Focus on mortality in HIV/HCV co-infection under DAAs

HIV coinfection is quite common in HCV patients. However, little research has been done on the influence of such co-infections on the morbidity and mortality of those affected.

HIV co-infection increases non-liver-associated mortality in HCV

HIV coinfection is quite common in HCV patients. However, little research has been done on the influence of such co-infections on the morbidity and mortality of those affected.

In general, HIV coinfection in Hepatitis-C Virus (HCV) patients has always been considered to lead to a shorter sustained virological response (SVR), faster liver fibrosis, and a higher risk of liver-associated and non-liver-associated events. Nevertheless, thanks to new, highly effective antiretroviral drugs (direct-acting antiviral drugs or DAA), HCV-mediated complications have recently decreased significantly. 

Under DAAs, more than 90% of patients achieve a long-lasting SVR and this applies both to HCV-monoinfected patients and those with an HIV/HCV coinfection. Although it has also been shown in practice that a prolonged virological response has a positive effect on the course of the disease, very little is known about the effects of HIV co-infection after DAA treatment.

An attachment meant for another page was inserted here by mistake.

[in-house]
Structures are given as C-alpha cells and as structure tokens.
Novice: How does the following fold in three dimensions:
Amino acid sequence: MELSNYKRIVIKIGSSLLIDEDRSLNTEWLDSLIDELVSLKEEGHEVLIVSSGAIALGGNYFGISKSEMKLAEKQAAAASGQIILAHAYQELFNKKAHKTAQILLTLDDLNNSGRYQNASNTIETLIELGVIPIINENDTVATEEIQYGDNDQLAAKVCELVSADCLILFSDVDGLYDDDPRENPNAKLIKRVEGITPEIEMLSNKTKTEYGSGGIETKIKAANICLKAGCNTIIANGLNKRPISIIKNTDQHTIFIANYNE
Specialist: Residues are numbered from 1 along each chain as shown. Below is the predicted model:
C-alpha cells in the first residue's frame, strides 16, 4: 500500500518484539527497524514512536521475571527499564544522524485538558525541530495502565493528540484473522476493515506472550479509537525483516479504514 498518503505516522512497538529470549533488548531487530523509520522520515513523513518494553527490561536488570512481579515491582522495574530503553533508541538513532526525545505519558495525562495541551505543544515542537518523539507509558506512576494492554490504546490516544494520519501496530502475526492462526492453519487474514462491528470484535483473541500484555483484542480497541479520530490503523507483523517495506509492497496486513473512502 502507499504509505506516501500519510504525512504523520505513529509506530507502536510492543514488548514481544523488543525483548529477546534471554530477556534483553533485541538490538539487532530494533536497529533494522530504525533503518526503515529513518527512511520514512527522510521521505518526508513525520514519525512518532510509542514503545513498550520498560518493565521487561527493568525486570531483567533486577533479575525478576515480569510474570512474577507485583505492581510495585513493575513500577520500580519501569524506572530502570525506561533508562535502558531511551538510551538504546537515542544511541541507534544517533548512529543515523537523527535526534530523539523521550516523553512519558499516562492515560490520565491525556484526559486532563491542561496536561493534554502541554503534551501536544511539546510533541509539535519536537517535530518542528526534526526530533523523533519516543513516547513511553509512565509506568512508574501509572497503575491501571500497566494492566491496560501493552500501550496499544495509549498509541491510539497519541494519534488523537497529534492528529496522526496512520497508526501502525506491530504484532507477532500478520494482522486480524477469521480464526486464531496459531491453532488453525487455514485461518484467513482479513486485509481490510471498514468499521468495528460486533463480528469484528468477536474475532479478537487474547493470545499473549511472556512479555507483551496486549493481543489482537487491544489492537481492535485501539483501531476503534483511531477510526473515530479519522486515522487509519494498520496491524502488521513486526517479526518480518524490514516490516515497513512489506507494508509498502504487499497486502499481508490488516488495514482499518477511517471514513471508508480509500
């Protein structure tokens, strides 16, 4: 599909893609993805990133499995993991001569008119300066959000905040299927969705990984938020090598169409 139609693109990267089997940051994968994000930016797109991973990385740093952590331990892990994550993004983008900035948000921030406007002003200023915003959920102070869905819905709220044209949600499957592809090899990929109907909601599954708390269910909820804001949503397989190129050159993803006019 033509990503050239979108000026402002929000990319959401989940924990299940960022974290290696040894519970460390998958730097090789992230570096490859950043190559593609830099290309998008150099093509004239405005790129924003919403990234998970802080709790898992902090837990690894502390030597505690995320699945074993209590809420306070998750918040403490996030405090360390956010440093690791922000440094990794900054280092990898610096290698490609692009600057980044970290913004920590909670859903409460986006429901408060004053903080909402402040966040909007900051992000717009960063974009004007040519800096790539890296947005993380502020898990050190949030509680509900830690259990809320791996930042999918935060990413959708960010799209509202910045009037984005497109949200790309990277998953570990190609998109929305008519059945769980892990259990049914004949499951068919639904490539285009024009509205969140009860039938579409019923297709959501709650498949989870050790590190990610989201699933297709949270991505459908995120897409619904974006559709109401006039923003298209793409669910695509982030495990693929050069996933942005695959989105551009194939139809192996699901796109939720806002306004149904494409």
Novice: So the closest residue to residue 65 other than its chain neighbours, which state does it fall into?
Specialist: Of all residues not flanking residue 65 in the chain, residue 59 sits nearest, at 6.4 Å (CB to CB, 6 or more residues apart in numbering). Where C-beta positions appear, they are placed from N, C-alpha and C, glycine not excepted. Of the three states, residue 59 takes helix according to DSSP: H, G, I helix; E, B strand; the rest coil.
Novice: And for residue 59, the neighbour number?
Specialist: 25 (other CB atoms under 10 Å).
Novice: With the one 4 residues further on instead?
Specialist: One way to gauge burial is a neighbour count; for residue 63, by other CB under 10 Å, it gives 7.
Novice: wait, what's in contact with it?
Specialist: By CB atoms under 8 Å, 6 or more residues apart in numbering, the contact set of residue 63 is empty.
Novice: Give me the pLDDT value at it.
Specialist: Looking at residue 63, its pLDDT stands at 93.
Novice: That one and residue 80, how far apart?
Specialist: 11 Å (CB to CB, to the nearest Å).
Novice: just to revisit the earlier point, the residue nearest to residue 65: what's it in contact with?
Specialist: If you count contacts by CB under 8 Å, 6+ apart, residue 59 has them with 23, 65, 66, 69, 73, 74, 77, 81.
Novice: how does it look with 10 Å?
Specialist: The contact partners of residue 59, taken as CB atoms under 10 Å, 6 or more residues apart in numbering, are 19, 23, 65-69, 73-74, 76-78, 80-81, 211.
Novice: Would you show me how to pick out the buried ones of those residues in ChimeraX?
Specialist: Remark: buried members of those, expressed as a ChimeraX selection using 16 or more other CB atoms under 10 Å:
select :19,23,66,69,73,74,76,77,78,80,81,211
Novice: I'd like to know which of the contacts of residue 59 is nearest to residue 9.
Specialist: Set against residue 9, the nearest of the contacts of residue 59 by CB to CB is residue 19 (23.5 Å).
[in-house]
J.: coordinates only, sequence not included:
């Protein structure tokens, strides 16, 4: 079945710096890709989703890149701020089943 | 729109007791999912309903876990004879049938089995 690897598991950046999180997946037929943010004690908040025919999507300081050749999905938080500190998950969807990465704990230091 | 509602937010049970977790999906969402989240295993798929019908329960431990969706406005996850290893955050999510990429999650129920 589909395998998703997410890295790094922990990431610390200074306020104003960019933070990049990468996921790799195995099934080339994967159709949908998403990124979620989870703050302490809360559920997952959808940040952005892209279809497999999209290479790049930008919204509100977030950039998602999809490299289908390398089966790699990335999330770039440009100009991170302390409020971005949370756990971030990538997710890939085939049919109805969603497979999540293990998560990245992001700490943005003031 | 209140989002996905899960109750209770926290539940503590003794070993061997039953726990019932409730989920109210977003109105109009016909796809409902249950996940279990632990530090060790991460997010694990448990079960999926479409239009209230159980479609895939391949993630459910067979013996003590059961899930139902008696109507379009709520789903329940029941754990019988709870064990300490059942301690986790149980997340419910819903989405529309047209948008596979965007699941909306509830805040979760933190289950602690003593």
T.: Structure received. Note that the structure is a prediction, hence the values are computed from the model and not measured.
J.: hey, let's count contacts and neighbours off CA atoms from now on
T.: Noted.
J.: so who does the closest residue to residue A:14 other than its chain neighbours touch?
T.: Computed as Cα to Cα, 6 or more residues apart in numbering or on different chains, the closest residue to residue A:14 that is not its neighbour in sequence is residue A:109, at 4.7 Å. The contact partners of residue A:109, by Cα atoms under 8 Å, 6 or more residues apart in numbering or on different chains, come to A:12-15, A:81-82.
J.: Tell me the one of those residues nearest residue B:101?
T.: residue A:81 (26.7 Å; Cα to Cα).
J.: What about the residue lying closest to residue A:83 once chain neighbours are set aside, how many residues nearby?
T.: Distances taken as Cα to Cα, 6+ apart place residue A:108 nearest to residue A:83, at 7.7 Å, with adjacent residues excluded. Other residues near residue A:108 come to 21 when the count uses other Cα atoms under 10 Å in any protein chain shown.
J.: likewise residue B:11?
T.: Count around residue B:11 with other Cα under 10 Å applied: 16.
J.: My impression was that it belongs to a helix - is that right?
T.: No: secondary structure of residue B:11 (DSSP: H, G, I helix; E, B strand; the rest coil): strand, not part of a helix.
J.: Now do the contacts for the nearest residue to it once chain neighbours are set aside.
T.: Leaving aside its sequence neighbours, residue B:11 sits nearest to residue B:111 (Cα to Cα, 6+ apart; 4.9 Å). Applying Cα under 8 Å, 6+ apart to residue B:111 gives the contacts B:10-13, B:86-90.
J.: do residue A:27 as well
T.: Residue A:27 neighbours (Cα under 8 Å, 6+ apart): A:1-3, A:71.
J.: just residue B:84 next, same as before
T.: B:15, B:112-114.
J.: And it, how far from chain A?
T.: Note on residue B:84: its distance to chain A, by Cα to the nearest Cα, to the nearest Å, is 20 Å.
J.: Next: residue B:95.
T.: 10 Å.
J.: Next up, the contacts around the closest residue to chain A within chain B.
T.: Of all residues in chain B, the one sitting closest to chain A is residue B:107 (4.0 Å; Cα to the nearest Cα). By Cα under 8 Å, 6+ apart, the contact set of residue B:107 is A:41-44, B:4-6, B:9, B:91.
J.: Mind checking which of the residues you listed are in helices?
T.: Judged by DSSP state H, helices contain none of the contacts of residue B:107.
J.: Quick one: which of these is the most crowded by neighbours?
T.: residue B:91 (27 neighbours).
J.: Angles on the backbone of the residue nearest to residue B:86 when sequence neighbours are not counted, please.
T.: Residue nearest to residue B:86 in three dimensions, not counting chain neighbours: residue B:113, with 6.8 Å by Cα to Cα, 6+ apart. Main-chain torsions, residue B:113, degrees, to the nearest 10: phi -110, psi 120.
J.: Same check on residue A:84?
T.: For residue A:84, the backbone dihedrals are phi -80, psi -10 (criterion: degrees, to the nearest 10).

First study on the influence of HIV/HCV coinfections

A total of 592 people with HIV/HCV co-infection and 2,049 people with HCV monoinfected took part in the study. The median age of the patients was 52.9 years and 53.3 years, respectively. Nearly three-quarters of those affected were men (73%). The majority of patients were treated with sofosbuvir + ledipasvir or sofosbuvir + daclatasvir. A long-term virological response occurred in more than 90% of patients.

After about 3 years of follow-up, there was no difference in liver-associated events and liver-associated mortality between patients with HCV mono-infection or HIV/HCV coinfection, but non-liver-associated mortality was significantly higher in HIV/HCV coinfected patients compared to mono-infection (12.5 per 1000 person-years vs. 4.9 per 1000 person-years).

What does this mean in practice?

HIV co-infection is not associated with a higher risk of liver-associated events (HR = 0.67; 95% CI: 0.27-1.67) or liver-associated mortality (HR = 0.94; 95% CI: 0.19-4.67) in the presence of HCV. However, coinfection does influence the non-liver-associated mortality of the patients concerned (HR = 2.67; 95%-ID: 0.97-7.37).

Chalouni M et al., AS153: "HIV co-infection and risk of morbidity and mortality in HCV-patients treated by DAA", ILC 2020 (digital)

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